LUS
IVC
AUS
DVT
GUCCI: Global ultrasound check for the critically III[14] diagnose and differentiate between the most common ICU syndromes (acute respiratory failure, shock, and cardiac arrest) CUS
LUS
IVC
AUS
DVT
Rules out common diagnoses and incorporates US-guided procedures such as thoracocentesis and pericardiocentesis
PIEPEAR workflow[15] 7-step protocol with decision and management tree for cardiorespiratory compromise LUS, AUS/DVT, CUS Includes a complex 7 step algorithm that deals with pathophysiology, etiology and actions needed.
ACES: Abdominal and cardiac evaluation with sonography in Shock Establish diagnosis and deliver goal-directed therapy for Non-traumatic undifferentiated shock in ED Cardiac, peritoneal, pleural, inferior vena cava and aortic views Common causes of shock
VExUS: Venous excess ultrasound grading system of the severity of venous congestion Evaluates venous congestion in the IVC, liver, kidneys, gut and correlates with risk of AKI IVC Hepatic, portal and renal vein Dopplers 0–3 VExUS grades

POCUS: Point-of-care ultrasound, LUS: Lung ultrasound, CUS: Cardiac ultrasound, 4 views 4C: 4 chamber view, IVC: Inferior vena cava, DVT: Deep vein thrombosis, AAA: Abdominal aortic aneurysm

Table 2: Calculation for IVC variability.
For spontaneously breathing patients
IVC COLLAPSIBILITY INDEX=(maximum diameter on expiration – minimum diameter on inspiration)/maximum diameter on expiration
For mechanically ventilated patients
IVC DISTENSIBILITY INDEX=(maximum diameter on inspiration–minimum diameter on expiration)/minimum diameter on expiration

IVC: Inferior vena cava

Table 3: Interpretation of IVC diameter and variability and recommendation for fluids.
IVC diameter IVC variation Estimated CVP Recommendation for fluids
>2.5 cm <50% collapse 15–20mm Hg Not recommended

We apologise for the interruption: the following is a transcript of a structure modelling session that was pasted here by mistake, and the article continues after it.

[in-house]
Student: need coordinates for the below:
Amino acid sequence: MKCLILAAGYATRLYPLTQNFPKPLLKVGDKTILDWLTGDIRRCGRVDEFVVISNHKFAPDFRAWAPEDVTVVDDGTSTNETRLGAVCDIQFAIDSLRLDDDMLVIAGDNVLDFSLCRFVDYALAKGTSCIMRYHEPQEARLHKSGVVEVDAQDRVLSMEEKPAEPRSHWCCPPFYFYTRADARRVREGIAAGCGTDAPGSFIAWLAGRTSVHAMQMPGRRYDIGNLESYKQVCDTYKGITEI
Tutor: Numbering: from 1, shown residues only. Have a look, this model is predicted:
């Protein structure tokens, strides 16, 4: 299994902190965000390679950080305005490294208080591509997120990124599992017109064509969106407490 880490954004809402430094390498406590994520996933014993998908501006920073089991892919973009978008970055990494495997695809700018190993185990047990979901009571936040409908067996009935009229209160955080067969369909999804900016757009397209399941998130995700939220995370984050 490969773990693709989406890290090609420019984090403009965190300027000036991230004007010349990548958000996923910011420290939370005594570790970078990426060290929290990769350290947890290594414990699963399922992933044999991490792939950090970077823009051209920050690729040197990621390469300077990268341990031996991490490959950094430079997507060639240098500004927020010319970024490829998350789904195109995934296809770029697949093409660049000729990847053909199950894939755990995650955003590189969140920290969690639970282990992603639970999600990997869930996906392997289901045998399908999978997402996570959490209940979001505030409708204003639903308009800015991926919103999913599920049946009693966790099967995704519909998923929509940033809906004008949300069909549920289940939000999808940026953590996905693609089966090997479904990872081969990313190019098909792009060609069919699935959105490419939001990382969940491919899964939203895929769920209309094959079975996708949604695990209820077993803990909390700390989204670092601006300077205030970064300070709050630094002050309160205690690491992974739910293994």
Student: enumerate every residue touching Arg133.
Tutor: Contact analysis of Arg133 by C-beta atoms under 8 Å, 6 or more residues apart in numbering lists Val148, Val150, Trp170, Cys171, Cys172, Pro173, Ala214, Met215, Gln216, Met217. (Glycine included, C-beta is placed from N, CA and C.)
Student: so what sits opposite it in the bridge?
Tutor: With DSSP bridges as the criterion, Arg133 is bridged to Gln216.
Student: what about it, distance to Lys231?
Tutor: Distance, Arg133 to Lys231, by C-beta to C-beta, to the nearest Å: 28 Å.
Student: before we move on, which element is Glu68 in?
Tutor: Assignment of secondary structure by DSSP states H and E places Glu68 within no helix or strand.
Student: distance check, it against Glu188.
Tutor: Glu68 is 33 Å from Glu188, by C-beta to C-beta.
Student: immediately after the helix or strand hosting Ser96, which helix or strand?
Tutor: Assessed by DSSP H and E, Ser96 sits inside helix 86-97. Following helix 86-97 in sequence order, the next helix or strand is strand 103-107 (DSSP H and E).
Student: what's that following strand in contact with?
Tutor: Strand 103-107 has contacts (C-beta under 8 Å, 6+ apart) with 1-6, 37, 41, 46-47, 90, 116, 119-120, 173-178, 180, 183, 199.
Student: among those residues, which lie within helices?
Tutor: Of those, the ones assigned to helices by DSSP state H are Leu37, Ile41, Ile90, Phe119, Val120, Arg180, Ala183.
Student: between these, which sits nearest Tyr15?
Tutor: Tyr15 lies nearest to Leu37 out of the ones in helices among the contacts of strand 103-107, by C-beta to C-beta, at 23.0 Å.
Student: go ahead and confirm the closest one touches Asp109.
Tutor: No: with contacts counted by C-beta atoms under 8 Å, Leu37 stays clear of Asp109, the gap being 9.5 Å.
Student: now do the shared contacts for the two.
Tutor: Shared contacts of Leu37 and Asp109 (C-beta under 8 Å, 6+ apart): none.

1.5–2.5 cm <50% collapse 10–20mm Hg Indeterminate
1.5–2.5 cm >50% collapse 10–20mm Hg Indeterminate
≤2.5 cm >50% collapse 0–5 mm Hg Should be given

IVC: Inferior vena cava, CVP: Central venous pressure

Table 4: POCUS-based indices for assessment of fluid responsiveness (static).
Index View Interpretation
LVEDA PSAX ≤10 cm2: significant hypovolemia
≥20 cm2:volume overload
E/A ratio 4C A E/A >2, DT<160s: PCWP >18 mmHg
IVC Dia SC ≤10 mm: CVP <5–10 mm Hg
≥20 mm: CVP >15–20 mm Hg

POCUS: Point-of-care ultrasound, LVEDA: Left ventricular end-diastolic area, LVEDI: Left ventricular end-diastolic index, IVC Dia: IVC diameter, PSAX: Parasternal short axis view, 4C A: Apical 4 chamber view, SC: Subcostal view, CVP: Central venous pressure

Table 5: POCUS-based indices for assessment of fluid responsiveness (dynamic).
Index View Threshold value (∆) Advantages Limitations
∆LV area PSAX >16% Easy to perform Image acquisition
IVC D SC Easy to perform RV dysfunction: tamponade, RV infarct
Obesity
Open chest cavity
↑IAP
Big swings in ITP
Image acquisition
IVC C SC >18%
∆VmaxAo 5C A >12% Spontaneously breathing patients
TV <8 mL/kg
High RR (HR/RR<3.6)
Poor lung compliance, ARDS
Arrhythmias
Open chest cavity
↑ IAP
VTI ≥20%
PLR 5C A >10±2% Can be used in: Spontaneously breathing patients with arrhythmias ↑IAP
↑ ICP
Pregnancy
Open chest cavity
Lower limb/pelvic fractures
∆SVC longitudinal 90−100−view >36% Can be used in: Spontaneously breathing patients with arrhythmias patients with ↑IAP Availability and access
Training
Invasive
Upper airway or esophageal disease
Image acquisition
Skill set
EEO >5% Easy to perform
Can be used in ARDS
Patients not intubated